Signs of the Times

Signs of the Times

From Chicken Soup for Every Mom's Soul

Signs of the Times

For years, whenever I drove to my mother’s house, I always went past a small country church. Each time I went by, I would read the church’s marquee and think that at least one Southern Baptist had a sense of humor because there were always pithy little sayings rather than quotes from scripture.

One day, two months after my mother died, I was driving to her house and passed this church. That day, however, I was in a funk and not in a mood for rural quips. I just wanted to know where my mother was and why she hadn’t contacted me. Her house was there, her hand-stitched quilt was still spread carefully over the bed, the sheets unchanged, but she was gone.

I was feeling more alone than I’d ever felt in all my years of being single. My mother had been widowed twice, so she knew all the ins and outs of being alone, but she wasn’t here anymore, and I was having a real problem with that fact. What I really wanted was to have her back, maybe for five minutes, and conscious. (She had been in a coma before she died.) I’d just say, “You okay?” And she would answer yes, that she was fine, that she was happy and she loved me.

If I couldn’t have her back, I wanted a sign. Maybe I was greedy. I had already had a sign when I returned home from the hospital after her death on that tenth day of the tenth month (and in the tenth hour). On my wall hung a calendar opened to October. Each month displayed a different personal photograph. A friend (who knew nothing about my family) had compiled it for me as a gift and had “coincidentally” placed a picture of my mother, two sisters and me taken on October 10, 1992, the last time we were all together before my sister died. Now it was October 10, three years later, and my mother had just died. Well, I wasn’t born yesterday. I know a sign from God when I see one.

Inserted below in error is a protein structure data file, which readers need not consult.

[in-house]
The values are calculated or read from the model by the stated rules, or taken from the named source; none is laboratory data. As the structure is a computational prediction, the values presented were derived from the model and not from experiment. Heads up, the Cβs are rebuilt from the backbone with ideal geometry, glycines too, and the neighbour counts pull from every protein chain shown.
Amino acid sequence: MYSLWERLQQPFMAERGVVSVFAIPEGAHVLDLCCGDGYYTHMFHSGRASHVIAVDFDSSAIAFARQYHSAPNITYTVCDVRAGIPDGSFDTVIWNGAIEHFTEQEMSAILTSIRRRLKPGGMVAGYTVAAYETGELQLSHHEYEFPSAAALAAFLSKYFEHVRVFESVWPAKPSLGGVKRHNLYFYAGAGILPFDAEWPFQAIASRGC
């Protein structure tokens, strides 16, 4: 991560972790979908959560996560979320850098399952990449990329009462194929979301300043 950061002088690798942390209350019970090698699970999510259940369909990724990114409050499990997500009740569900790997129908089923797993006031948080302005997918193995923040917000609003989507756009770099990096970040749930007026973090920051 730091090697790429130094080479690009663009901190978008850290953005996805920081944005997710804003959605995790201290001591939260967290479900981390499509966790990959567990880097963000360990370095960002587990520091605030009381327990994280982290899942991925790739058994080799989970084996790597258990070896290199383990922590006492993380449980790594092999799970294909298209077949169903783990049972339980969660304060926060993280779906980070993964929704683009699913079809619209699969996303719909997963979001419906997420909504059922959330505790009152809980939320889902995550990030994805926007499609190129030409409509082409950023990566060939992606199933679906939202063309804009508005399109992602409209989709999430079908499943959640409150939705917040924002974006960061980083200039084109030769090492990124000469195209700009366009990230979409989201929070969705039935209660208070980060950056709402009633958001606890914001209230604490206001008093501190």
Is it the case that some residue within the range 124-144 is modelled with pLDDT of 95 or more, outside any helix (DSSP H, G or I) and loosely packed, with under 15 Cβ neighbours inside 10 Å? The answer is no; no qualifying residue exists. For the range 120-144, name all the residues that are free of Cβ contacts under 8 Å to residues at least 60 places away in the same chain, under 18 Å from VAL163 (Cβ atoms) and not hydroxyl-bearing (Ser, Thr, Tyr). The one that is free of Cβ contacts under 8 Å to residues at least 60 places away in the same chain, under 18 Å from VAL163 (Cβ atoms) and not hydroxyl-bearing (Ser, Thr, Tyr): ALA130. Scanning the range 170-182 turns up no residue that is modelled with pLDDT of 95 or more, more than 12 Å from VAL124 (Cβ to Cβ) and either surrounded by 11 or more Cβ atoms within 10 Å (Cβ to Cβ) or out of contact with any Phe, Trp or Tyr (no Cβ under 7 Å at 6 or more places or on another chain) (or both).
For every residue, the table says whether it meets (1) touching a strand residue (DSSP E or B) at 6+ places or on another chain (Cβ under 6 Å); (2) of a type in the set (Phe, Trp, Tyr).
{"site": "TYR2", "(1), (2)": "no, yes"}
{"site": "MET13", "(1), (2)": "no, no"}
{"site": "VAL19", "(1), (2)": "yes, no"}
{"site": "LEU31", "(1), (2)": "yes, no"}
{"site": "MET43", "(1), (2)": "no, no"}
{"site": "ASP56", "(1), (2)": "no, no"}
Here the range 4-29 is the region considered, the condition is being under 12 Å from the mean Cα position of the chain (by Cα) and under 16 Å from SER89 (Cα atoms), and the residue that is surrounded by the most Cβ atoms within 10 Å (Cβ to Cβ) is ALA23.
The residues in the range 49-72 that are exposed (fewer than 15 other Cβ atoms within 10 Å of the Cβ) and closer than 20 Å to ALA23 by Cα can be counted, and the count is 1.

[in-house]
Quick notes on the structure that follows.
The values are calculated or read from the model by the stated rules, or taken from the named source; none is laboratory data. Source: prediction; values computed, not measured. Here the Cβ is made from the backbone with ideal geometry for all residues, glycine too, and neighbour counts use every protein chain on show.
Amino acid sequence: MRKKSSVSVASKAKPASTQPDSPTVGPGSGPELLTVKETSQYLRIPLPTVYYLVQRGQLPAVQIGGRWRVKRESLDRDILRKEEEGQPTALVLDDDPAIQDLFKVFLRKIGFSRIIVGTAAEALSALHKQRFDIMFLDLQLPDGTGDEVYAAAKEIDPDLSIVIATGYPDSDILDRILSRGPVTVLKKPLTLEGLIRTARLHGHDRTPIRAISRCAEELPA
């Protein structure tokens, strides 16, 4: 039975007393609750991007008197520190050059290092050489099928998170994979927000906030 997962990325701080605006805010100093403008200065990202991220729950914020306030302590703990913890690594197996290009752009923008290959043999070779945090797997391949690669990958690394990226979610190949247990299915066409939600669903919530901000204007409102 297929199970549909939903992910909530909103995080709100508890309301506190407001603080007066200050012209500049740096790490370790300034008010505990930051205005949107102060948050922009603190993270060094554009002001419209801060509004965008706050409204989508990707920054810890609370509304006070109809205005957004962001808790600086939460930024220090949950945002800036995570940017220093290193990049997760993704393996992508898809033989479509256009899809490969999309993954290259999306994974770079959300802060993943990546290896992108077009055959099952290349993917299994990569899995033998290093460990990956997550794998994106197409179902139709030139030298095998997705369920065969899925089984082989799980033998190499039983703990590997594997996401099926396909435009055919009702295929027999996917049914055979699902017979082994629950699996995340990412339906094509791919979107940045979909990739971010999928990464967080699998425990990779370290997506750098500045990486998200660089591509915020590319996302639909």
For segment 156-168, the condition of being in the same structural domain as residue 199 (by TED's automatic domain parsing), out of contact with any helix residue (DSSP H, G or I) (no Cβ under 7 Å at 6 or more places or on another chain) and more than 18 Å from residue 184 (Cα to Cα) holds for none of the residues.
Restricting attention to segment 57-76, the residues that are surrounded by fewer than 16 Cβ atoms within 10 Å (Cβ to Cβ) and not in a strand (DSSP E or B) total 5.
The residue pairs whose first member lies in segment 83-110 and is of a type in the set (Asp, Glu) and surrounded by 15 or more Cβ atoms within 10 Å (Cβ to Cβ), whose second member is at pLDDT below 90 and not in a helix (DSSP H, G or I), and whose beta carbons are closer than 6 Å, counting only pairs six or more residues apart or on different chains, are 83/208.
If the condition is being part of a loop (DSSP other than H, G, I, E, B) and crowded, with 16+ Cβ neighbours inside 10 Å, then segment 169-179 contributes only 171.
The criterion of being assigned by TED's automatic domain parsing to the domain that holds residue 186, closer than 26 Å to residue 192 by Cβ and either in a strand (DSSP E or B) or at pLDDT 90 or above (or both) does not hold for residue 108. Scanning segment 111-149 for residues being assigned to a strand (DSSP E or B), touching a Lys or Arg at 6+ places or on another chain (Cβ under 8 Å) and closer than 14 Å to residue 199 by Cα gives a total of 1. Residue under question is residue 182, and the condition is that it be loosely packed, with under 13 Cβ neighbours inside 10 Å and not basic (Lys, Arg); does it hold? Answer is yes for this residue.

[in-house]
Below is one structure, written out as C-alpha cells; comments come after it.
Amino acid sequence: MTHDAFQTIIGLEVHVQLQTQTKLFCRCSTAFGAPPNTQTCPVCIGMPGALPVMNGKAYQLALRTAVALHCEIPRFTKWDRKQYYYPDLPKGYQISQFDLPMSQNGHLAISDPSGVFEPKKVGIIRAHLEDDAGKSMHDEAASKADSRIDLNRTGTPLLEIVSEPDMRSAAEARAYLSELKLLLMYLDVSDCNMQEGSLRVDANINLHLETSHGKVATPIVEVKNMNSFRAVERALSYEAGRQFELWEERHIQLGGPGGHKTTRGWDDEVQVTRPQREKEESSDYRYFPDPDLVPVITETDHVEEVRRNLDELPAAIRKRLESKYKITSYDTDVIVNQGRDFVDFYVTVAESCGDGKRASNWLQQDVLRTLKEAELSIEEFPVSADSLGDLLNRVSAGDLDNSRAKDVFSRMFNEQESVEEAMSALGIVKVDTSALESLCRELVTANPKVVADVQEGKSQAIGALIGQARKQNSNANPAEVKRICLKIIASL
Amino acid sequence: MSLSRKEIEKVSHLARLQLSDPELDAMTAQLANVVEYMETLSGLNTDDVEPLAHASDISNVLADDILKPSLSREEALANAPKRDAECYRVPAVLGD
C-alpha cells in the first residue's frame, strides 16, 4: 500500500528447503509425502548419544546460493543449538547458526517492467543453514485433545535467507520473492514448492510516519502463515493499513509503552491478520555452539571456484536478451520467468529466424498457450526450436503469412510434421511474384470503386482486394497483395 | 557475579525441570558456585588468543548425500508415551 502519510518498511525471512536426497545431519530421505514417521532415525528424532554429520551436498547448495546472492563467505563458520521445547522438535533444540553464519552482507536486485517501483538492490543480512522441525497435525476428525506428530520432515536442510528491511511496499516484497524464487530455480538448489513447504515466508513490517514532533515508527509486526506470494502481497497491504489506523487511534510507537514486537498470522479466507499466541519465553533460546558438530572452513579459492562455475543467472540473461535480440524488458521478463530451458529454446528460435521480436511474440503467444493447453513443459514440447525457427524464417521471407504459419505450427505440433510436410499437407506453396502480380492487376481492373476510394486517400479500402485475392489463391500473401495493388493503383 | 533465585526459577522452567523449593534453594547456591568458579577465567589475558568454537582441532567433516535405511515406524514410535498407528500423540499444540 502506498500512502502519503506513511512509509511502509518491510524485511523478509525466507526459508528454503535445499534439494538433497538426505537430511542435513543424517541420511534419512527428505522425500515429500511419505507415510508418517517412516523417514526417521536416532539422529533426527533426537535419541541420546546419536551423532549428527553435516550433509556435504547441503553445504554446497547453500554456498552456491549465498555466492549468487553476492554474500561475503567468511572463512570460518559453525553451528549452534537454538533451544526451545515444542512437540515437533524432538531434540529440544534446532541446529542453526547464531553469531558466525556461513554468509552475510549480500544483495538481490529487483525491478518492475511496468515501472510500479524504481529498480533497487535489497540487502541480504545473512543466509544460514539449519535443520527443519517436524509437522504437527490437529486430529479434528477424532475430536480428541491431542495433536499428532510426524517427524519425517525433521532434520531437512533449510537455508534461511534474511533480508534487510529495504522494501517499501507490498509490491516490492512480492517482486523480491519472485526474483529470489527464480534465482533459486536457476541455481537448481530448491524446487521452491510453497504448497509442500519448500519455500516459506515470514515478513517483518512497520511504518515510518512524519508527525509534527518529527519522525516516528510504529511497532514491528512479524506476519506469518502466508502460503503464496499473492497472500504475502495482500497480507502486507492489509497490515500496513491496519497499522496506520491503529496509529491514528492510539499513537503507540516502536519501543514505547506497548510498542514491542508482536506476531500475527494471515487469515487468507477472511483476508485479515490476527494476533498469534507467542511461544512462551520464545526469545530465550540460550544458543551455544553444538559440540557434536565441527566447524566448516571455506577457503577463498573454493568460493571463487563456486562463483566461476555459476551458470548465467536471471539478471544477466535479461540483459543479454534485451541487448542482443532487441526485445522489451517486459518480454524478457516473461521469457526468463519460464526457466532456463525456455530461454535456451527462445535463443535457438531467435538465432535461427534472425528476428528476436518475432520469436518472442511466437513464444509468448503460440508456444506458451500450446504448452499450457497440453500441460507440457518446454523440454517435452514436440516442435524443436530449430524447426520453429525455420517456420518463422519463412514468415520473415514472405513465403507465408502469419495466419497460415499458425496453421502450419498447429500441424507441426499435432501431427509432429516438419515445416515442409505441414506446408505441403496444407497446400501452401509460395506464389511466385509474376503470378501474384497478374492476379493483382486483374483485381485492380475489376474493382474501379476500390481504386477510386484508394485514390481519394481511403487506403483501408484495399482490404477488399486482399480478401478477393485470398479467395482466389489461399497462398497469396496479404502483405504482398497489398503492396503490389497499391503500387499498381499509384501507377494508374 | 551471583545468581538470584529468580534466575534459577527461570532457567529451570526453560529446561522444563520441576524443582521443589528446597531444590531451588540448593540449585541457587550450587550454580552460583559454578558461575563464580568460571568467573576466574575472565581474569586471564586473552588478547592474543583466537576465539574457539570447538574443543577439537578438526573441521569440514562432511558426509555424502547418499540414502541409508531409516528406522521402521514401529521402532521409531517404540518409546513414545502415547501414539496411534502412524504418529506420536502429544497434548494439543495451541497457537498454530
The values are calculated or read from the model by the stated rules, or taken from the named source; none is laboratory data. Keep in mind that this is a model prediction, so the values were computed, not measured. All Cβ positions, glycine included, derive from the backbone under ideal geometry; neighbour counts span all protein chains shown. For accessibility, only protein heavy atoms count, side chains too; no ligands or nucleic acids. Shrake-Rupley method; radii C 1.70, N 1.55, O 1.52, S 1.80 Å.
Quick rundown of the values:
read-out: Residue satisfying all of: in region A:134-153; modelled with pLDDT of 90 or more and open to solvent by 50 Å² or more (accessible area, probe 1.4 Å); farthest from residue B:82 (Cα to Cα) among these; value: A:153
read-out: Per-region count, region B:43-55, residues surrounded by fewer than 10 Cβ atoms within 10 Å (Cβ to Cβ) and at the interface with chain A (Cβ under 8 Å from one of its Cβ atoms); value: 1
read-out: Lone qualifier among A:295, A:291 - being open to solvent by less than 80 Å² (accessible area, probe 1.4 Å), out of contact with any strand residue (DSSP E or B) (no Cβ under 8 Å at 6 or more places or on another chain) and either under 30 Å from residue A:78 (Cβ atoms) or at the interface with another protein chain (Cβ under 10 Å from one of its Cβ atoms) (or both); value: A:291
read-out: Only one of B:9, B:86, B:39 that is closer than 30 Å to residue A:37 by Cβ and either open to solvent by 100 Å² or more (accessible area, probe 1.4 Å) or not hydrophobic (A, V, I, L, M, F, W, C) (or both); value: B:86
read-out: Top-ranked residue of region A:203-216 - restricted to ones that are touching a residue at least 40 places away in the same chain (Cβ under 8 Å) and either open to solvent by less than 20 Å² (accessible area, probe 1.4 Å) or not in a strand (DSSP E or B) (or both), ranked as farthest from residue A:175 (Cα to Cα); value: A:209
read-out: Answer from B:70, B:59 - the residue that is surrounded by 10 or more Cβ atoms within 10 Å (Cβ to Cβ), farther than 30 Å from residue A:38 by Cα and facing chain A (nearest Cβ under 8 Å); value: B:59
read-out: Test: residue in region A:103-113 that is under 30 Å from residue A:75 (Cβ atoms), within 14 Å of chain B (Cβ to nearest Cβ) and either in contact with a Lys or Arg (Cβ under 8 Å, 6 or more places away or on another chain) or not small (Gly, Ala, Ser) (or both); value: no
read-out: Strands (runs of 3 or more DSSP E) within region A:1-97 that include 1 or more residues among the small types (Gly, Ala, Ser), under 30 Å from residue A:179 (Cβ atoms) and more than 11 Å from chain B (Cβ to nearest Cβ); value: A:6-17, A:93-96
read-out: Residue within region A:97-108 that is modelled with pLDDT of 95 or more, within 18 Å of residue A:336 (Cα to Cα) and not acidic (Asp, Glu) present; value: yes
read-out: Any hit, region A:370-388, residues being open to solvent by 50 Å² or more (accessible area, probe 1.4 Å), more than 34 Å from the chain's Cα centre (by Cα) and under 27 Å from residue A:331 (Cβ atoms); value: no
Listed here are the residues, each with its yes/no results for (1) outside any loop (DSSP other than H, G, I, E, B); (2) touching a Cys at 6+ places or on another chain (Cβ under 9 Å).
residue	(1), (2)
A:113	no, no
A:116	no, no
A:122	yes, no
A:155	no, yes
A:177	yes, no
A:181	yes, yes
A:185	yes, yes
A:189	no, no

But I always want more, and I asked for more signs. How about a rose blooming in the snow? How about my mom’s face in the clouds? Or okay, couldn’t she call me on the interdimensional phone? I knew these things happened. I wanted a lot of them to happen to me. Now.

Grief is a taskmaster who will not be denied. You can repress grief for a while, and you can try to ignore it. But it will have its day. I could not predict when it would come over me like some uncontrollable seizure. I did come to the place where I could feel the signs of it and withdraw into a private place. Over and over again I was surprised by its strength and tenacity.

On that bright, cold day in December, I could feel grief creeping up on me and I needed something to hold on to, a scrap of comfort, however small. Then I rounded the curve, and the sturdy little church came into view on my right. The marquee said: “You asked for a sign from God. This is it.”

In a moment of sudden clarity, I realized I didn’t need any more signs. I was doing everything that needed to be done. I was grieving my loss; I was taking care of my mother’s house and her affairs; I was consoling relatives; and I was going on with my life, just as my mother would have wanted me to, just as she would have done.

I laughed through my tears all the way to Mother’s house.

Bonnie Michael

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